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Creative Machine 2 - Love in a Cold Climate - Goldsmiths University of London - St James Hatcham Building - 8th - 18th November 2018

Can computers be creative? This is the essential question raised by this exhibition, curated by William Latham, Frederic Fol Leymarie at Goldsmiths Department of Computing
and Anna Frants and Elena Gubanova from the Cyland Collective in Russia.

This exhibition is like a mini expo and focuses a lot on interactivity. Laura Dekker's (UK) piece "Expressive Machine #2" was very striking and consisted of a couch you could sit on which was machine wired. "It waits for your touch" and then responds in a machine learning way by telling you how you taste : "salty. bitter. sweet. sour. umami?" The Expressive Machine #2 senses things in itself as well as in the world. I assume from the description that it is programmed as a neural network which is how it would be able to learn and respond.

Creative Machine #2 - Laura Dekker

"Breathless", an interactive installation by Alexandra Dementieva (Belgium) was another intruiging piece. Three 'cages' or light objects shaped a bit like a rib cage which you could stand inside. The light distributed along the structure of the cages responded to breathing into an airspeed sensor. Two of the cages were connected to RSS feeds via computers which search for all words related to 'fear' and 'desire'. The third cage uses an anemometer registers wind, temperature and noise of the street environment outside. This work reminded me of Char Davies' 'Osmose'.

"Breathless" - Alexandra Dementieva

Elena Gubanova and Ivan Gonorkov (Russia) exhibited "Danae" a media object or multimedia sculpture made of 'living' round mirrors that 'quiver when a ray of light touches their surface'. This was very Expo '67. It was exciting to experience work made now that is somewhat more advanced than work madein the 60's but picks up where that work left off.

"Danae" - Elena Gubanova and Ivan Gonorkov

William Latham (UK) showed his Mutator program on VR kit. The VR experience means being placed inside a mutating organic form which is within 'a textured mirrored room'. Latham collaborates as ever with Stephen Todd, as well as with Lance Putnam and Peter Todd. Latham also collaborates with Guido Salimbeni and Stephen Todd (UK)on a piece called "Morandi Pot-traiture" which uses Advanced Machine Learning techniques with which the computer uses the machine learning to create 'a unique Giorgio Morandi style pot painting' basedon the viewer's face captured by web cam.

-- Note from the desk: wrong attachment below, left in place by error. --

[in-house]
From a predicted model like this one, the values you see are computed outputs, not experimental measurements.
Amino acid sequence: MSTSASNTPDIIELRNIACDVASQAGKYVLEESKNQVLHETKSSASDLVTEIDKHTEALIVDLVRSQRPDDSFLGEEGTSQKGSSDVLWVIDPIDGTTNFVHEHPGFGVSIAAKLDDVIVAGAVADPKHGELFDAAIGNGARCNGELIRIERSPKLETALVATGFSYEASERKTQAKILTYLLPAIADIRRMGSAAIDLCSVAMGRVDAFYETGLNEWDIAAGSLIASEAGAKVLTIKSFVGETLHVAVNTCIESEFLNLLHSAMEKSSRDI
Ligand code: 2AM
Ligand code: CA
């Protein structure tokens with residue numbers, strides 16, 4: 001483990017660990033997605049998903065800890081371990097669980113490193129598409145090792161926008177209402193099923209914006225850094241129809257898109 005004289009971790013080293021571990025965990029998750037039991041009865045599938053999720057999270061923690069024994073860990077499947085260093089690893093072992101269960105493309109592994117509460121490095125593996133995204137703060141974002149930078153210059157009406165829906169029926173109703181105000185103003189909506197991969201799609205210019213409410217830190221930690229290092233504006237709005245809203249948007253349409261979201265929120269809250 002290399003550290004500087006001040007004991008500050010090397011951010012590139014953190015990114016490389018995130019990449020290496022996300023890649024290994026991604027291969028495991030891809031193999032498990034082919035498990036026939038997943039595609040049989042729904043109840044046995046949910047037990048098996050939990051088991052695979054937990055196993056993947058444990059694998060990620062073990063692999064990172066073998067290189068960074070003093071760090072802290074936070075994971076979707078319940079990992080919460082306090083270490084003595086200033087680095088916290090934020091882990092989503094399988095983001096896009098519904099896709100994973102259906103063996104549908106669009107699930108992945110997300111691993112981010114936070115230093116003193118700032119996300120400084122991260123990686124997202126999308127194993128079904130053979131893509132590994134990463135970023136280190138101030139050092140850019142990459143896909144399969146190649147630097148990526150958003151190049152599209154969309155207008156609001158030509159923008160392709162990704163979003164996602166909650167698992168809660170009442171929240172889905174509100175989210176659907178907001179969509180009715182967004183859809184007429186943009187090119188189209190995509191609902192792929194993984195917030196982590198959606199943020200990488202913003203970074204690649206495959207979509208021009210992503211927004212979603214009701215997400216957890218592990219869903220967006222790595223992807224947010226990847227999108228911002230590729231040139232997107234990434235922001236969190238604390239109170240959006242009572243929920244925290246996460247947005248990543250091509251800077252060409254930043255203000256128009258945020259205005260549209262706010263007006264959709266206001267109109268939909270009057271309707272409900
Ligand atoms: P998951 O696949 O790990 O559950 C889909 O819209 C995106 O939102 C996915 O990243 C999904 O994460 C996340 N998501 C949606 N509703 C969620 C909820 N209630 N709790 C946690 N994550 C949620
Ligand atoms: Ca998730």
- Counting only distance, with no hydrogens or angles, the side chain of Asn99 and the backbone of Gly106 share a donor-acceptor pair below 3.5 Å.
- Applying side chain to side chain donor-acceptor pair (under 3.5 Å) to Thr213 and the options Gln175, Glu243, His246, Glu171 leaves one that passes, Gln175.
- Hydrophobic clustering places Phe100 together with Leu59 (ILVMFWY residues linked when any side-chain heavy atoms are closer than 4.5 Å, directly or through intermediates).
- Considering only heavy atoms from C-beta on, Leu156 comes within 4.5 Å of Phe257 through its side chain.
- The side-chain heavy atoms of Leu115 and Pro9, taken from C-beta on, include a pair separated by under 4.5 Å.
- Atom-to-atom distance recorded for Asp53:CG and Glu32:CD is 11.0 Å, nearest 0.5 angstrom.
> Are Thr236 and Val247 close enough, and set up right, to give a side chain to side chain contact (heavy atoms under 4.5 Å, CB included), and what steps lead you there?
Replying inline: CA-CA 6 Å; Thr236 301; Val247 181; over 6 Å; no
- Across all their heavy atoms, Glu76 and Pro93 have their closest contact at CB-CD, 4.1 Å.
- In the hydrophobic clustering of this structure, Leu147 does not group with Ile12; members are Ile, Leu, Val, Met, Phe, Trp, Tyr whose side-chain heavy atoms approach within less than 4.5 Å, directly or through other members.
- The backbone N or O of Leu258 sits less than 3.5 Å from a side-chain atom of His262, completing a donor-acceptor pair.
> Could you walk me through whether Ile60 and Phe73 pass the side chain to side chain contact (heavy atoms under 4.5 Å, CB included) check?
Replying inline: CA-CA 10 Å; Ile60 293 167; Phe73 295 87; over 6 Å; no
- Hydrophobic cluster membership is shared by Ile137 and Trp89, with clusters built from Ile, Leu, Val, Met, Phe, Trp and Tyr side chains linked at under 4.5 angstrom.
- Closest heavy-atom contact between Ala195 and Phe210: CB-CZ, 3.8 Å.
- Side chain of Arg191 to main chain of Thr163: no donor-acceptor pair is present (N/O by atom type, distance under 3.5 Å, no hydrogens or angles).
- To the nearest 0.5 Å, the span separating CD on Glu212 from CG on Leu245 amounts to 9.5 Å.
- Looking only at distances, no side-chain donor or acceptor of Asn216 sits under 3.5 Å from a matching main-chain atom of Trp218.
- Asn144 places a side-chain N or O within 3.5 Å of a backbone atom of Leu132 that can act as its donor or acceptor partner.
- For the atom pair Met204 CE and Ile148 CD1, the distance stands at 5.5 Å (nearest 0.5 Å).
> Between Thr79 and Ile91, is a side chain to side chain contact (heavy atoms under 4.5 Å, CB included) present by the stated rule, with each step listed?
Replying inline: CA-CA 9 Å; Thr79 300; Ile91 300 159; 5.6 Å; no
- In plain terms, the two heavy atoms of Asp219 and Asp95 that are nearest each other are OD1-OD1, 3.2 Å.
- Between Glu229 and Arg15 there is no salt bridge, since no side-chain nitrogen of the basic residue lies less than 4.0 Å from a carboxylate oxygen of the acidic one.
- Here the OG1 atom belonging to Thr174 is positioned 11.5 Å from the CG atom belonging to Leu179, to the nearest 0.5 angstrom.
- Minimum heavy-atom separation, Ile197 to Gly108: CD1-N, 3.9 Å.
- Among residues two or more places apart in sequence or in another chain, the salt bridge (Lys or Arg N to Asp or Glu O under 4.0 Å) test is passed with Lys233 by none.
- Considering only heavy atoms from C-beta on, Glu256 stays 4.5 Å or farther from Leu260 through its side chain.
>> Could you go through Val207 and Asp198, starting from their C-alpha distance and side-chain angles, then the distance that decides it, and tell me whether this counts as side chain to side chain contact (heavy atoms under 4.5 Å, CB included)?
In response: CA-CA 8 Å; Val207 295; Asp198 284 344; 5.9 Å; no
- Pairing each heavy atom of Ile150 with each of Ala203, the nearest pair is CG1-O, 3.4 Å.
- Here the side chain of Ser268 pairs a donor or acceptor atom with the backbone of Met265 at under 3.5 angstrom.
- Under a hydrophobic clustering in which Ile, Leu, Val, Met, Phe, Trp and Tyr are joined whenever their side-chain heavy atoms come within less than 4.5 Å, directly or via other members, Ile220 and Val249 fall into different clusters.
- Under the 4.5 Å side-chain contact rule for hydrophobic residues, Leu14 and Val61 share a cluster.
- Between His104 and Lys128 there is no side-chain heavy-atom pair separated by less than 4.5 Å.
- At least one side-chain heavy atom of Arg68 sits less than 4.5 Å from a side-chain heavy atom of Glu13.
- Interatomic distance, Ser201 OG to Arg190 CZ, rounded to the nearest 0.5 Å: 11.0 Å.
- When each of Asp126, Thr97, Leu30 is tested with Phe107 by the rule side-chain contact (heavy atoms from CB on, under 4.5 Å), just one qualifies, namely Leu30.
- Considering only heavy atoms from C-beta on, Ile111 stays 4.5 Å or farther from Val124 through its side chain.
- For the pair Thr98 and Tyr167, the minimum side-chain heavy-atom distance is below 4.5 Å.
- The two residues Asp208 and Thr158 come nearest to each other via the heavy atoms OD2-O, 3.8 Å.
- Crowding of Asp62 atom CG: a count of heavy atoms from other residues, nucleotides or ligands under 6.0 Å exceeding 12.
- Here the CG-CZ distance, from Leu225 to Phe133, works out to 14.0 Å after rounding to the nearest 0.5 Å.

Machine Learning moves interactivity on as the computer can respond in a more sophisticated way to the user. Although all the works in the exhibition are very much at the start of something which will be amazing in the future.

Andy Lomas (UK) creates vase forms from 'growth processes' using algorithms for morphogenesis 'at the level of individual cells'.This is presumably fundamentally cellular automata only they accumulate internal nutrientswhich lead to cells creating new cells. Lomas also uses machine learning to 'steer them towards creating desired behaviour' which creates startling emergent forms.

Anna Frants (Russia-USA) presents a media installation called "Living Tapestry" with computer programming by Aleksey Grachev and supported by Cyland MediaArtLab. 'Eyes' on the ends of robotic 'arms' track the viewer and so they become part of a video tapestry.

There are quite a few other works in this fascinating show and altogether it makes a very strong case for machine learning and how that is affecting what artists can do now.

Can the computer be creative? I would argue that with machine learning it is becoming at least a collaborator in the creative process, although it doesn't have the same challenges, desires and ideas as a human and therefore is an extension of the human still.

Sarah Thompson 11.11.2018